What are we going to make out of two boring shirts today?
This question is second to none only behind "what weird thing can we hoop today" and "I wonder if you can thread this thing while it's running." The answer to the second one is no, by the way, regardless of how much coffee you've had.
"Boring" might be a bit of a harsh word to describe these shirts, they do have something quite valuable. Something we're going to take advantage of today... sleeves! You see, we had fun making a drape vest from scratch earlier this year, but the key factor in making that a simple tutorial was the whole vests-don't-have-sleeves thing. Sleeves are finicky and fickle, but sadly the cold weather has come and light vests without sleeves just don't cut it. Unless you're one of those midwesterners in denial, out for a walk in a winter parka and shorts. You know who you are.
So, we're going to use the sleeves from one of these shirts, but upcycle them into a much more awesome creation... a winged drape cardigan.
*NOTE* - This tutorial uses machine embroidery to add the wing decoration to the shirt. This is entirely optional, you could just make a plain drape cardigan. But we all know machine embroidery makes it cooler ;)
Step 1: The materials
So, to make your long sleeve cardigan, you'll need:
- Two shirts, at least one with long sleeves. The one with sleeves should be a size that fits your arms comfortably. The two can be matching, but it doesn't really matter. The whole color blocking thing is in this year, so you could probably get away with it.
- Light no-show mesh cutaway stabilizer, best for garments*
- Scissors and pins
- A flippin' awesome embroidery design, like these wings, for the back. Keep it light unless you're making this out of a heavy sweater or something similar*
Step 2: Prepping the first shirt
Step 3: Trimming the collar
To make your shirt ready for that, we're going to need to drop the neckline. Draw an invisible line from the underarm of your shirt to the center. This is how far your neckline needs to go down. Mark a gentle curve upwards to meet the shoulder neckline, and cut that excess off, like shown.
Step 4: Prepping the second shirt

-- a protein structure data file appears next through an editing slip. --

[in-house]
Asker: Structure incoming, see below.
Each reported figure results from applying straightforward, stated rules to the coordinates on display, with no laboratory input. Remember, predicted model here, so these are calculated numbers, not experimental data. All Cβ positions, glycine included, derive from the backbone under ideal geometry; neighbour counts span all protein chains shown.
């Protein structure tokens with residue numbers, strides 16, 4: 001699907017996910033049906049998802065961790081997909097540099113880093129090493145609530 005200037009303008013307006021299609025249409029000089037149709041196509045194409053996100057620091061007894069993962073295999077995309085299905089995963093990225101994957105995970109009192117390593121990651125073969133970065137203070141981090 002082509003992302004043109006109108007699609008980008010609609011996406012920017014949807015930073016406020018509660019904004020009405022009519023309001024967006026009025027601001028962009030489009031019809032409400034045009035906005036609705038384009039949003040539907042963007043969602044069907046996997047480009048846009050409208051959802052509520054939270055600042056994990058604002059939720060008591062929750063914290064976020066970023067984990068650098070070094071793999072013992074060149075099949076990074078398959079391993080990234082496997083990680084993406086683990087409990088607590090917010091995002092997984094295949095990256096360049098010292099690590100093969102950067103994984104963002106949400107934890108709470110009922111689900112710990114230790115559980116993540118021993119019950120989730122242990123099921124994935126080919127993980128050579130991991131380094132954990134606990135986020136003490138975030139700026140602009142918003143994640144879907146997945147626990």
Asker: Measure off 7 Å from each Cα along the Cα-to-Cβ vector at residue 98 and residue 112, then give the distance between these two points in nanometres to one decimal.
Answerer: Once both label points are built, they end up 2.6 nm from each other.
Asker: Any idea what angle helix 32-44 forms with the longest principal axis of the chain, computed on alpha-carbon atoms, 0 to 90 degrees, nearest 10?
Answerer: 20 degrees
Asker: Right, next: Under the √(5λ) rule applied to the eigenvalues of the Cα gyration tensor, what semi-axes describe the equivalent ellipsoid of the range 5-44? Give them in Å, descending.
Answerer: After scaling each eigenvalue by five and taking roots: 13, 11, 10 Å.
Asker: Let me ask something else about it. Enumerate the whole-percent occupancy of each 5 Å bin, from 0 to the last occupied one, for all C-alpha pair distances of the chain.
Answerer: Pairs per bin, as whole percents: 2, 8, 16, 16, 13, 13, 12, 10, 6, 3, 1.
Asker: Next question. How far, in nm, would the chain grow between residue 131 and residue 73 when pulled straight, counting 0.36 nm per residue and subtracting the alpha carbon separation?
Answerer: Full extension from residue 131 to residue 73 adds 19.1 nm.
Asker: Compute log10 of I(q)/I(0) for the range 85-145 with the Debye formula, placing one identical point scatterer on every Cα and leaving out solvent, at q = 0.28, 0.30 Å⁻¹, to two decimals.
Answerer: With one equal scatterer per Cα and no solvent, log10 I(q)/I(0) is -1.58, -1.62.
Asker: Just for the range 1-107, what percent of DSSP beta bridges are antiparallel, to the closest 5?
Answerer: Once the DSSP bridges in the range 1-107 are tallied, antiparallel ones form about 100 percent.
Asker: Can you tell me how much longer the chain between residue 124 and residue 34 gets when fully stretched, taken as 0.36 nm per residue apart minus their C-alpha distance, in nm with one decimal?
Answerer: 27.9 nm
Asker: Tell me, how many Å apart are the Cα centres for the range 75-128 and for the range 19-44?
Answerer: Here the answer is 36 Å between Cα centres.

Next, cut up both sides of your shirt, along the seams. You should now have two rectangles of fabric. These are going to be the extensions we'll add to make our cardigan drape.
Step 5: Cutting & pinning
To be honest, the raw handmade look is so in these days you'd pay a mint to get that look on a store bought item. So, instead of just attaching this piece in one large chunk, I'm going to do it in cascading pieces with raw open edge seams. If you want this look, snip off about 1/3 of your shirt rectangle off.
On the one side of your cardigan, take the larger chunk of fabric you just cut (the 2/3 size) and pin it in place along the raw edge left from cutting it up the middle. I let one piece overlap the other by about 1/4" inch.
Starting from the bottom, pin it in place carefully, because knit sometimes gets it in its head to make a break for it while you're working. That's not the kind of workplace we condone around here, so pins it is.
Step 6: Trim the excess
Step 7: Sewing
Once that seam is done, you can attach that last little 1/3 bit you snipped off. Yes, I realize by doing that we added an extra step. Well, fashion is pain, people. And by pain I mean a minor 3 minute inconvenience in the name of style.
Step 8: Finishing the edge
Here's one of our cardigan edges all finished. But wait, you're not done yet!
Unless you're into really high end fashion, it's best not to toy with the eccentricities of asymmetrical cardigans. Repeat your steps on the other side.
Step 9: Embroidery machines are awesome...
Once your wings are done, carefully trim away the excess stabilizer on the back.
Step 10: Your finished cardigan!
It's fab and flowy and it is such a great place to showcase those wings. It's also a great way to rock a look that is flattering to your curves and killer on style. Throw it over a tee or tank for a look so effortlessly airy, you could just float away.
P.S. - Like my tutorials? Check out lots more free tutorials on our website!